Lancaster politicians urge government to abolish nuclear weapons

Several councillors have proposed a motion to encourage the UK government to ratify the Treaty on the Prohibition of Nuclear Weapons.

Friday, 22nd January 2021, 10:15 am
Updated Friday, 22nd January 2021, 10:18 am

The motion - proposed by Green Party Coun Mandy Bannon, who represents Marsh Ward - supports the ICAN Cities Appeal - which is for local governments in nations that have not yet ratified the United Nation’s Treaty.

The motion has been seconded by Labour Coun Jason Wood, who represents Scotforth East, Labour Coun Jean Parr - Skerton West, Green Party Coun Tim Dant - Scotforth West, and Eco-Socialist Independent Coun Kevin Frea - Halton with Aughton.

What is the ICAN Cities Appeal?

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Several councillors have proposed a motion to encourage the UK government to ratify the Treaty on the Prohibition of Nuclear Weapons.

In 2017, the International Campaign for the Abolition of Nuclear Weapons (ICAN) was awarded the Nobel Peace Prize, following successful campaigning which resulted in an overwhelming majority of the world’s nations adopting the text of a global agreement to ban nuclear weapons – the Treaty on the Prohibition of Nuclear Weapons.

Fifty-one countries have now fully ratified the UN Treaty which enables it to come into force today, January 22 2021.

Successive UK Governments have refused to attend discussions on the Treaty.

In this context, ICAN and its 570 partner organisations throughout the world have appealed to all local authorities worldwide to show support for the Treaty and to call on their governments to join it.

Coun Mandy Bannon

A report to Lancaster City Council states that many local authorities have already done so.

In the UK this includes Manchester, Oxford, Norwich, Shaw and Crompton, Newham, Tower Hamlets, Hebden Royd, Edinburgh, Renfrewshire and East Ayrshire.

Further afield, local authorities in Paris, Berlin, Washington DC, Los Angeles, Toronto, Sydney, Hiroshima and Nagasaki have supported this appeal.

In November 2020, Church of England leaders added their weight to this campaign, when Justin Welby, the archbishop of Canterbury, and Stephen Cottrell, the archbishop of York along with 29 other bishops signed a letter urging the UK government to sign the Treaty.

Coun Tim Dant.

On 7 July 2017, 122 nations voted to adopt the Treaty on the Prohibition of Nuclear Weapons.

All national governments are now invited to sign and ratify the global agreement, which prohibits the use, production and stockpiling of nuclear weapons and lays the foundations for their total elimination.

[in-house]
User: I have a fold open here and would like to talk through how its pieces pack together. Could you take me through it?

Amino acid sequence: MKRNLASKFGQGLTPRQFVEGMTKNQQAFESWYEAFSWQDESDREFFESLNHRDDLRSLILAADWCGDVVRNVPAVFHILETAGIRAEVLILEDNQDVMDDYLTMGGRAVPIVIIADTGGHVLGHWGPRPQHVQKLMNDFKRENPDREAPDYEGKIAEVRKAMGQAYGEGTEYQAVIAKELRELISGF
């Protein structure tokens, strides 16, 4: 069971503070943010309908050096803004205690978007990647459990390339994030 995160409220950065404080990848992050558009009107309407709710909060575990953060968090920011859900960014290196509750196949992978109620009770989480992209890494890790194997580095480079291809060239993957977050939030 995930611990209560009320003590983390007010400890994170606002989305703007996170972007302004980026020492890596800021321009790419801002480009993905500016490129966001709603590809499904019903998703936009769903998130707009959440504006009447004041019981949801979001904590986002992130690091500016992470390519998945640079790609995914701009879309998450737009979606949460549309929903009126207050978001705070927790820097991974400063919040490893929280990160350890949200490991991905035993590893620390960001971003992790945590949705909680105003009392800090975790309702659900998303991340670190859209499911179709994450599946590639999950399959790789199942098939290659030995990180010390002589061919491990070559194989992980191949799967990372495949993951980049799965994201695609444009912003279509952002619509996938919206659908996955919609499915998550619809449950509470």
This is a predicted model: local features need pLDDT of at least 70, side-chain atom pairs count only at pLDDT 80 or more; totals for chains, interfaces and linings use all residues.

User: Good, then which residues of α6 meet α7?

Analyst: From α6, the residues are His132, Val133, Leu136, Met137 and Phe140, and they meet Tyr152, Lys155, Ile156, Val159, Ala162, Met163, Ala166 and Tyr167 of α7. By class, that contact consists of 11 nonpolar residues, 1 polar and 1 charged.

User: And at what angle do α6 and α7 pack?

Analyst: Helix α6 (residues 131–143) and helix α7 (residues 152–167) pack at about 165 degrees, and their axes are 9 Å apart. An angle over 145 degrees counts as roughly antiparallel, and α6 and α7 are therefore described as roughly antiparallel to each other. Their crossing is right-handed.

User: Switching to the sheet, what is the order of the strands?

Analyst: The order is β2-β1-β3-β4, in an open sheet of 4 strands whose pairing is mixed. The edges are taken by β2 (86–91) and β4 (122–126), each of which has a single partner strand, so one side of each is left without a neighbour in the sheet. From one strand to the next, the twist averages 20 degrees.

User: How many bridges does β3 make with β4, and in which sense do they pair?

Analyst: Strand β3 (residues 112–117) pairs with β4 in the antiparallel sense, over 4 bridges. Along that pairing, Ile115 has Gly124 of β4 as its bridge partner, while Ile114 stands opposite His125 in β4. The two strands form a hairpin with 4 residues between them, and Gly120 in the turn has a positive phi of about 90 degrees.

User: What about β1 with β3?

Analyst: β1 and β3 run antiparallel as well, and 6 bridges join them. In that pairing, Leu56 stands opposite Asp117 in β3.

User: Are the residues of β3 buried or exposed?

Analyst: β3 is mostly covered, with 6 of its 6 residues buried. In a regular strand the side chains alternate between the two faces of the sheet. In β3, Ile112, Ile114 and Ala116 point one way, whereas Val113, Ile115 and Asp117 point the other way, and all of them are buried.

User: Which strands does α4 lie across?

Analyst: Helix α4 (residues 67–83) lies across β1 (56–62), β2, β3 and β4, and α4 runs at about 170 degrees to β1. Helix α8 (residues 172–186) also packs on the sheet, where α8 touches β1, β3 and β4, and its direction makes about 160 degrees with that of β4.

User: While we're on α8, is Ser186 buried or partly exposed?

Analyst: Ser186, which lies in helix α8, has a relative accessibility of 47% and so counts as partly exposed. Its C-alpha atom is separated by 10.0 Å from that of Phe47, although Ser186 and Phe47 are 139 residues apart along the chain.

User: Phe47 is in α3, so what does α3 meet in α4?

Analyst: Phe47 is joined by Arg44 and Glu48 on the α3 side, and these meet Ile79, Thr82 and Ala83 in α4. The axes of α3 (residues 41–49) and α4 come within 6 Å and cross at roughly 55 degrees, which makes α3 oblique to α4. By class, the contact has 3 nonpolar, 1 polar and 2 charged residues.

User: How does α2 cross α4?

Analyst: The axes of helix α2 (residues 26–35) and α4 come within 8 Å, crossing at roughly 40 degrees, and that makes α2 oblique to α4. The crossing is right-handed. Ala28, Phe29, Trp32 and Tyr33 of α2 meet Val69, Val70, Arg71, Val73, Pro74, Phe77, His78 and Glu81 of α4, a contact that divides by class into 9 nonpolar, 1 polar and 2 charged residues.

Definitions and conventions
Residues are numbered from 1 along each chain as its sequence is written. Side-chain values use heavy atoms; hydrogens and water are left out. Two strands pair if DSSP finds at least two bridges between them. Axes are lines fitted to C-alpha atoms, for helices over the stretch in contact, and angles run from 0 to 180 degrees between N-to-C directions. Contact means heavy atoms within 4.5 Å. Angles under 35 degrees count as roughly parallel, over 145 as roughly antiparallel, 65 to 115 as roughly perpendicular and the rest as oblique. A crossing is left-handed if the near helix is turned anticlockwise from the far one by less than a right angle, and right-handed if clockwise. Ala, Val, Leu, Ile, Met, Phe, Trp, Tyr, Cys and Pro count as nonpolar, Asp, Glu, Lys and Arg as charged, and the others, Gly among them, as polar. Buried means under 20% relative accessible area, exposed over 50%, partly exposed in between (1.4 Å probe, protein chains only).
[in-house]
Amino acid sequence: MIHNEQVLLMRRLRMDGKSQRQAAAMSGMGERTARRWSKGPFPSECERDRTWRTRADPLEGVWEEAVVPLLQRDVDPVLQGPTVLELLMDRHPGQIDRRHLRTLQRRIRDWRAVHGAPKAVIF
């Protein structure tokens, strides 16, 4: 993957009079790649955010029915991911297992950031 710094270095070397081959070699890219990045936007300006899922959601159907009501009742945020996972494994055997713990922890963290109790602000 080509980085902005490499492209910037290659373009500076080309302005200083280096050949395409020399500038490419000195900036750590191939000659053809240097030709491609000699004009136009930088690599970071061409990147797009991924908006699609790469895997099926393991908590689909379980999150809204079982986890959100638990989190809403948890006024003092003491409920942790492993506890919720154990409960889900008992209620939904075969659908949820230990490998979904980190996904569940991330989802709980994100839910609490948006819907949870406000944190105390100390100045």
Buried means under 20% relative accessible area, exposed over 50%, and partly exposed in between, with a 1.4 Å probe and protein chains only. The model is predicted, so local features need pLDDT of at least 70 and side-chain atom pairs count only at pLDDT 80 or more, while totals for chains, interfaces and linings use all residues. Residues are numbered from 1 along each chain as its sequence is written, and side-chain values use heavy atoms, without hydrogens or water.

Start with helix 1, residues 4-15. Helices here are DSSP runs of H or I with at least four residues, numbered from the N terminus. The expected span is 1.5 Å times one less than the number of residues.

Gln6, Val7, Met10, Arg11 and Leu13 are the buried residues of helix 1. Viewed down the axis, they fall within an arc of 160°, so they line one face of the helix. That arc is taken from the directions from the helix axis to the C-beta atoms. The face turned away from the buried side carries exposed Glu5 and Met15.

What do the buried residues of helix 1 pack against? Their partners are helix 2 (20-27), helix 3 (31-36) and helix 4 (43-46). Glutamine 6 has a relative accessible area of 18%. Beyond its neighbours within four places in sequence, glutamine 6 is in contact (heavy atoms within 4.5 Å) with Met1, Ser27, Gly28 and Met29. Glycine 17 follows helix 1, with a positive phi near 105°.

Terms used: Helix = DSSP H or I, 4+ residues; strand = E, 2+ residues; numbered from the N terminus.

Local authorities can help build support for the treaty by endorsing the ICAN Cities Appeal.

The motion to full council, which will be voted upon at a full council meeting on January 27, states:

Coun Kevin Frea.

"Lancaster City Council is deeply concerned about the grave threat that nuclear weapons pose to communities throughout the world.

"We firmly believe that our residents have the right to live in a world free from this threat. Any use of nuclear weapons, whether deliberate or accidental, would have catastrophic, far-reaching and long-lasting consequences for people and the environment.

"Lancaster City Council therefore resolves to:

 Warmly welcome the adoption of the Treaty on the Prohibition of Nuclear Weapons by the United Nations in 2017

 Call on our national government to ratify the treaty Action That the Chief Executive:

 Writes to the UK government – Secretaries of State for 1) Defence and 2) Business, Energy and Industrial Strategy - to inform them that Lancaster City Council has endorsed the ICAN Cities Appeal to call for our Government to sign the UN Treaty on the Prohibition of Nuclear Weapons.

Coun Jason Wood.

 Informs our residents and media about our support of the ICAN Cities Appeal, and informs ICAN by emailing them at [email protected]

 Takes steps to ensure that funds administered by Lancaster City Council are not invested in companies that produce nuclear weapons.

An officer briefing note states:

The motion proposes 3 actions.

Actions 1 and 2 are entirely for Council to debate and, if agreed, officers will carry out those actions on Council’s behalf.

Regarding action 3, officers would need to undertake further work to research and establish exactly what is meant by ‘funds administered’ and ‘companies that produce nuclear weapons’.

Is this intended to include the whole supply chain? What is covered by investment? Without this information officers are not in a position to advise on the implications of this action to Council. There is a capacity issue.

At this point in the year, the capacity of officers who would be undertaking this work is fully taken up with the work needed to administer grants to our businesses, report to Government on use of funds, prepare the 2021/22 budget and support the financial management of front line services.

Coun Jean Parr.